So far I seem to be craving a lot of milk, even though I drink a fair bit regularly--and if chocolate milk wasn't so high in sugar, I'd drink that by the gallon. My "reduced sugar" Quick makes for a nice substitute, but there's little that can compare to the thick chocolately goodness of actual chocolate milk. And I still want grape flavored things. Not like real grapes, but the artificial grape flavor, making grape koolaid a current favorite. I'd also drink the welch's grape juice non-stop, again, if it wasn't so damn high in sugar. If only restaurants had grape juice on tap and I then could get a grape and soda whenever I'm out...mmmm....grape soda....

Started my pre-natal yoga class last week. First class was with a substitute teacher who declared several times she had never taught pre-natal yoga. Thanks for freaking us all out! Jeez.... If the regular instructor wasn't so pleasant, I'm sure we'd all have been quite vocal at our second class. Overall it was a good experience. I'm a little self conscious that some of the thinner mommies-to-be look about the same size as me, despite being farther along, but I think the class as a whole will help me get over it, as it's too late to go back now! Rob has also mentioned that watching me grow has been a moving experience for him, so that was quite nice to hear.

Monday, April 12, 2010

Working on a Dream

Ahhhh, 3 more days to the half way mark. The Doctor says I have a low risk pregnancy at this point, and actually looked relieved when he saw me. He said he was very happy I was "still pregnant"--which he said a few times and is something I'd find quite alarming if I wasn't basically 20 weeks and doing fine.

Heard the little heart beat at around 150 beats per minute. : ) The 19 week ultrasound showed the baby kicking up a storm, which if the placenta were not in the front of my belly I might be able to feel, as he/she was pretty much standing on my bladder at the time. A few tears leaked out when I saw the baby moving all about. I was overcome with the feeling that I wanted the baby to be okay--it was quite profound. Especially when you consider I've never been baby crazy, or all hopped up on the baby train. Rob looked over at me during the appointment and exclaimed, "Are you crying?!" Well, yes, yes, I am. And he'd better get used to it, apparently.

I was an emotional wreck this past weekend; I was wound up from Rob's birthday on Saturday and had at least 2 crying sessions over it (thought his presents weren't good enough, was stressed about when we said we should get to the bar for Karaoke, then more stressed when we did get there and had to figure out seating arrangements, and capped it off feeling irate over the UFC fighting that went on until 11pm--leaving Karaoke starting 2 hours later then expected). Add to that, my family has always placed a high importance on birthdays and gifts, and although Rob and his family never have, it's hard to shake that kind of learned pressure over 36 years. I just want the man to be happy on his day; he deserves it and I want him to feel special because I love him so dearly--and I'm getting all emotional again.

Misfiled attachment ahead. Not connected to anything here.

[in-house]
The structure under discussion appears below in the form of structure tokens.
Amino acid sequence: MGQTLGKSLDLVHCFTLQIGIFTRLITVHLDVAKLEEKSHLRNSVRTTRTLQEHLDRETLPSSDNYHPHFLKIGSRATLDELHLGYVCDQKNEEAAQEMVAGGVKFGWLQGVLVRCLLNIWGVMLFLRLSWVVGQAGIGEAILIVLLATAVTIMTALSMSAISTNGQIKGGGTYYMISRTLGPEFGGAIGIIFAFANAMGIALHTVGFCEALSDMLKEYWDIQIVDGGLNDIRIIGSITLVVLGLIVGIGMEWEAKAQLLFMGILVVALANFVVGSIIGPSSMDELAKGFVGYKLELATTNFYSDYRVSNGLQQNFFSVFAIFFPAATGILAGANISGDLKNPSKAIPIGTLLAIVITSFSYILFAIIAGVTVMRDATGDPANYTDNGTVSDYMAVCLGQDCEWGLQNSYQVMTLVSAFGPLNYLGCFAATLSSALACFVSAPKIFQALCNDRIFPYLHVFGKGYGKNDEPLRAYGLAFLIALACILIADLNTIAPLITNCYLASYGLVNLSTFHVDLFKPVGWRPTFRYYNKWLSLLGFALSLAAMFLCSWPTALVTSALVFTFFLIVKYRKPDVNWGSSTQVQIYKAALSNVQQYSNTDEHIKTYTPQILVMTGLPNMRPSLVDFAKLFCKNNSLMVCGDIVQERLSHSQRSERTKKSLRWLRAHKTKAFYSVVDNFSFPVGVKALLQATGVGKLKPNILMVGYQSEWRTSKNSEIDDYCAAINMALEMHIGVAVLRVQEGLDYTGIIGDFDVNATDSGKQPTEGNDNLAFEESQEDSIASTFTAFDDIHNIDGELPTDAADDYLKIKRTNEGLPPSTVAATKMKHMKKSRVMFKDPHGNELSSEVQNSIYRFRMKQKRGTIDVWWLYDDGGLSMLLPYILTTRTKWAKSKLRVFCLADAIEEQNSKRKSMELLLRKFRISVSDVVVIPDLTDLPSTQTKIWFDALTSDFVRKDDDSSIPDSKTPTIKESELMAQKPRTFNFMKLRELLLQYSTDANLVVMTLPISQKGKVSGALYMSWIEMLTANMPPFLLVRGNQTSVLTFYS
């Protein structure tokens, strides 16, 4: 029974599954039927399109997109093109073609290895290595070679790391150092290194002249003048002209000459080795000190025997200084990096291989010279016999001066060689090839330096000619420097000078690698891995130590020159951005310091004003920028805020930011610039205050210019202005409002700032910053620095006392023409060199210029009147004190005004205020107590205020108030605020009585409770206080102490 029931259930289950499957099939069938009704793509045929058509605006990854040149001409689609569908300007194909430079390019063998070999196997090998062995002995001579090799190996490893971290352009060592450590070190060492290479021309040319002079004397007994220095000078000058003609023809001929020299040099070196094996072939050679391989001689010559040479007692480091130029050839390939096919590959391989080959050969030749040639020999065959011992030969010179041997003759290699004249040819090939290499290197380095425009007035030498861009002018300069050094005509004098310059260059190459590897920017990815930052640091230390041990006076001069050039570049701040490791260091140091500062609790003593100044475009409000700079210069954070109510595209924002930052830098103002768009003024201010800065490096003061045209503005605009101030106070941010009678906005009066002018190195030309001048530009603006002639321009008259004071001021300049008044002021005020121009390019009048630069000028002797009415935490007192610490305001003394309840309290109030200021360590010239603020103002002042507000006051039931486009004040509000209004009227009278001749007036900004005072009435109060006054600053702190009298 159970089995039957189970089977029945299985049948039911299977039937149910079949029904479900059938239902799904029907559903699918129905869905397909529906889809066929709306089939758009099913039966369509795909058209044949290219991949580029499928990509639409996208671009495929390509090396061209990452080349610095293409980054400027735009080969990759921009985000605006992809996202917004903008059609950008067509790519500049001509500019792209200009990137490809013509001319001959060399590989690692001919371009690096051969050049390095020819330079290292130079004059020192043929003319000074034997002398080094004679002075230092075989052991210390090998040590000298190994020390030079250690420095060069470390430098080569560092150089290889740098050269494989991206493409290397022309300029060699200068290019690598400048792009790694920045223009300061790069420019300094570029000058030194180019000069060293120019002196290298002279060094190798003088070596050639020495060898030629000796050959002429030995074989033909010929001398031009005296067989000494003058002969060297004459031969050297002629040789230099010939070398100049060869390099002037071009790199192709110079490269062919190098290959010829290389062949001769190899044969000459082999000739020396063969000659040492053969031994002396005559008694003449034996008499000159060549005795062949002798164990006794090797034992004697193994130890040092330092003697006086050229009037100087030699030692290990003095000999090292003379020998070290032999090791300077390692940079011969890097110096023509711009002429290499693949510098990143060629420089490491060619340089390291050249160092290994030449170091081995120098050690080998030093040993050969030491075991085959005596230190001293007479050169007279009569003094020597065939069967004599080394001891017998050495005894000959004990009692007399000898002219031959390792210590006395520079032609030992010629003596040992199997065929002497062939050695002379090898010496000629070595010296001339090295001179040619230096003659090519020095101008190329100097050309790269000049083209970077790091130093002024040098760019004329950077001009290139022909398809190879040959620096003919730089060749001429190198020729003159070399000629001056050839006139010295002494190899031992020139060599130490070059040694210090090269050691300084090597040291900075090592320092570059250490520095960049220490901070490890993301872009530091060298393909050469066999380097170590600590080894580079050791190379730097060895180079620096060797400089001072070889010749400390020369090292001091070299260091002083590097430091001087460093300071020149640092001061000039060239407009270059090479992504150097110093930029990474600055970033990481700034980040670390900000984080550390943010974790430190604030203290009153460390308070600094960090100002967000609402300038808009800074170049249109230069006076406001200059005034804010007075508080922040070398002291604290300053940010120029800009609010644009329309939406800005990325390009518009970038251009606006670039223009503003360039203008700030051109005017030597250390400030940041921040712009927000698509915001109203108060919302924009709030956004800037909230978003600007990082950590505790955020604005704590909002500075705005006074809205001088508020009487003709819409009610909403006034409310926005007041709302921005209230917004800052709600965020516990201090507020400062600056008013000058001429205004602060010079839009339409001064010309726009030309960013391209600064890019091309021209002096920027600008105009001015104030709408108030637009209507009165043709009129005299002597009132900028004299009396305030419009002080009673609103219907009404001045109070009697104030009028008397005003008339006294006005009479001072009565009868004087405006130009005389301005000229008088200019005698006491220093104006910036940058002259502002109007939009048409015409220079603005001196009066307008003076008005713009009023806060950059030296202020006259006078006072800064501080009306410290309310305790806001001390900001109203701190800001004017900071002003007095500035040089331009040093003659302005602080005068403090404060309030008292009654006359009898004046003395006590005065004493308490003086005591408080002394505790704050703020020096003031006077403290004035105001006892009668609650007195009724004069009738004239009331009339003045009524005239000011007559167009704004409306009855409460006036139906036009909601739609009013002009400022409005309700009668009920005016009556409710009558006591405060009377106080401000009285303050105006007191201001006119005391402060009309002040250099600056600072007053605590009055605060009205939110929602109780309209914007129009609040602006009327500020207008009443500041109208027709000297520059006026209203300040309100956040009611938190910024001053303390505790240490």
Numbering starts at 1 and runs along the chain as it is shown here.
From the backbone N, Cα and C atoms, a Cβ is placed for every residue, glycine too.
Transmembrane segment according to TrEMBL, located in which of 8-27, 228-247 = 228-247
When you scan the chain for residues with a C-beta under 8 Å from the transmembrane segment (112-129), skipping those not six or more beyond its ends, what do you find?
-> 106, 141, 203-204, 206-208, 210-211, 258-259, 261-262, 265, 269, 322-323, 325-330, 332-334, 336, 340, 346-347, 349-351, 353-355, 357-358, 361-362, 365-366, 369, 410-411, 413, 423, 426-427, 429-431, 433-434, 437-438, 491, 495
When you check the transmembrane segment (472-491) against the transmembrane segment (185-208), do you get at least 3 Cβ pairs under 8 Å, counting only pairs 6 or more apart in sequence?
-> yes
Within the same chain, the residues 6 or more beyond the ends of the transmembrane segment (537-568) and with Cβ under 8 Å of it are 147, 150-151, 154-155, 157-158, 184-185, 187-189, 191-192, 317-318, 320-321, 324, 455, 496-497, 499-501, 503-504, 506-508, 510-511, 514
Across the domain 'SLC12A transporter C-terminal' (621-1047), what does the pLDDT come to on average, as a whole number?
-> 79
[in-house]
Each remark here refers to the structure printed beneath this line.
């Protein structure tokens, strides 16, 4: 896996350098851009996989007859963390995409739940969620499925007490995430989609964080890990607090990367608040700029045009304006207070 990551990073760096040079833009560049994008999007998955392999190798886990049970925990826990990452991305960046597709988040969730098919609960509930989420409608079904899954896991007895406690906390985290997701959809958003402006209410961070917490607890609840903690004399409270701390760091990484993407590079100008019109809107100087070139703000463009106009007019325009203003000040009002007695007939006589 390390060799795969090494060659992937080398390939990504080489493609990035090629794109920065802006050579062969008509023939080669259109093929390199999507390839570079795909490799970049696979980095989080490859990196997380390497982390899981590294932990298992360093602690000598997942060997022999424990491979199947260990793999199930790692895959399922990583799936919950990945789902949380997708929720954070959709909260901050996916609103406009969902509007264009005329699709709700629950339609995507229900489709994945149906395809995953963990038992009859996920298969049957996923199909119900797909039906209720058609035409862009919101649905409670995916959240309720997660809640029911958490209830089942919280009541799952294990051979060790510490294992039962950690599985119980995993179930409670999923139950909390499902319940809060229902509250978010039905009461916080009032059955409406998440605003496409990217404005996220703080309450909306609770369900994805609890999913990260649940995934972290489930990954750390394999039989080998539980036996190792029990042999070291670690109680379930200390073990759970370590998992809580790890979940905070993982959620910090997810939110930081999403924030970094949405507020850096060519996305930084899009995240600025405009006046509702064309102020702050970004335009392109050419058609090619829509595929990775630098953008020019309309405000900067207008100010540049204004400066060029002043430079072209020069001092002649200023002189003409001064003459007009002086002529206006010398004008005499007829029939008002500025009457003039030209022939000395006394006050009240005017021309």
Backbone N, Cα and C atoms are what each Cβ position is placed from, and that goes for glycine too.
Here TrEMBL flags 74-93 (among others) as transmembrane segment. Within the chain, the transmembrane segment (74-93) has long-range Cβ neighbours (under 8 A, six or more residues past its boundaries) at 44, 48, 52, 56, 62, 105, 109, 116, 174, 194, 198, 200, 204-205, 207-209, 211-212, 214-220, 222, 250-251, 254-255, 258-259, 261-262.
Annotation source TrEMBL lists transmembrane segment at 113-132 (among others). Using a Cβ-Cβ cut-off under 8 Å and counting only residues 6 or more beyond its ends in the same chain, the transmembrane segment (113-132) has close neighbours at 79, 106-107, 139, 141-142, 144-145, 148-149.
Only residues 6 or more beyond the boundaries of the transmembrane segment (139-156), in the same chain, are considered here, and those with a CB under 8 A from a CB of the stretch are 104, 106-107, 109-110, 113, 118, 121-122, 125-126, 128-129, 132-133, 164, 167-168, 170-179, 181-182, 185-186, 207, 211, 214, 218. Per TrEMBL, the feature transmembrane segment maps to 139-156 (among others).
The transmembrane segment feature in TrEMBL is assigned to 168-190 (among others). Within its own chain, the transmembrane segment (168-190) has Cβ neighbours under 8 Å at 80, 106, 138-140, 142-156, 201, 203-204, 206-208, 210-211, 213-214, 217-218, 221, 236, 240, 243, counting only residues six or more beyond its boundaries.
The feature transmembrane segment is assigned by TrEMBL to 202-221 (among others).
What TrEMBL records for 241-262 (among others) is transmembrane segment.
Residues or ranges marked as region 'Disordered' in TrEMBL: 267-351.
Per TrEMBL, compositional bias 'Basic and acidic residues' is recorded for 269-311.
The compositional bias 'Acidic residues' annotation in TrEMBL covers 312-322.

I cried when Phil Mickelson won the Masters on Sunday, so I can see the direction my moods are heading. In my defense it was when he hugged his wife Amy who has been battling breast cancer, and there was a tear running down his face.

But right now, right now I'm quite happy. I booked today off in advance, and after the dr's appointment, I went and bought a few cute baby things (little baby bootie rattles--which I don't know if they even make sense, but I wanted them none the less). It's all from Winners, so at least I'm not spending a fortune.

I did manage to get what I hope is a stylish top from there, as well (and no, they do not have a maternity section. However, a number of tops in the plus section are slightly maternityish--too bad for those ladies!) I tried picturing Heidi Klum in the shirt, and thought I could see it, so I headed for the checkout (I've been watching Project Runway online, and right now she's pregnant. Surprisingly, I'm not that impressed with the tops she's been wearing, and she must have access to all kinds of stores. Mmmph).

When I got home I purchased Sleepytime Tunes: Bruce Springsteen Lullaby Tribute from iTunes and I'm listening to it now, so of course there's a big smile on my face. So pleasant. I just need to pipe the music into my belly now.
: )

As you may have guessed, we did not find out the sex of the baby; Rob wanted the surprise, I did not. Alas. That was our last ultrasound, also (barring anything unusual happening) and we checked at the Doctor's appointment--they do NOT have the sex on file, so there will be no spoilers for Rob ala Office style (where Pam accidentally reveals the sex as they leave for the hospital--she had phoned the Dr's office in advance because she couldn't wait to find out).

And all this, I'm sure is my way of avoiding homework which is due tomorrow. I can not wait for this writing class to be finished! Wednesday I start prenatal Yoga, which I hope will help ease some of my moodiness. The Dr, however, says how I'm feeling is all perfectly natural, and even though Rob wasn't sure he needed to be at this latest check up, I'm confident it didn't hurt for him to hear that. : P

Thursday, March 25, 2010

All Baby All The Time

Yup. I'm one of those annoying women who is consumed by her pregnancy (sometimes I show it, but not always). I wouldn't go as far as to say I'm smug, though.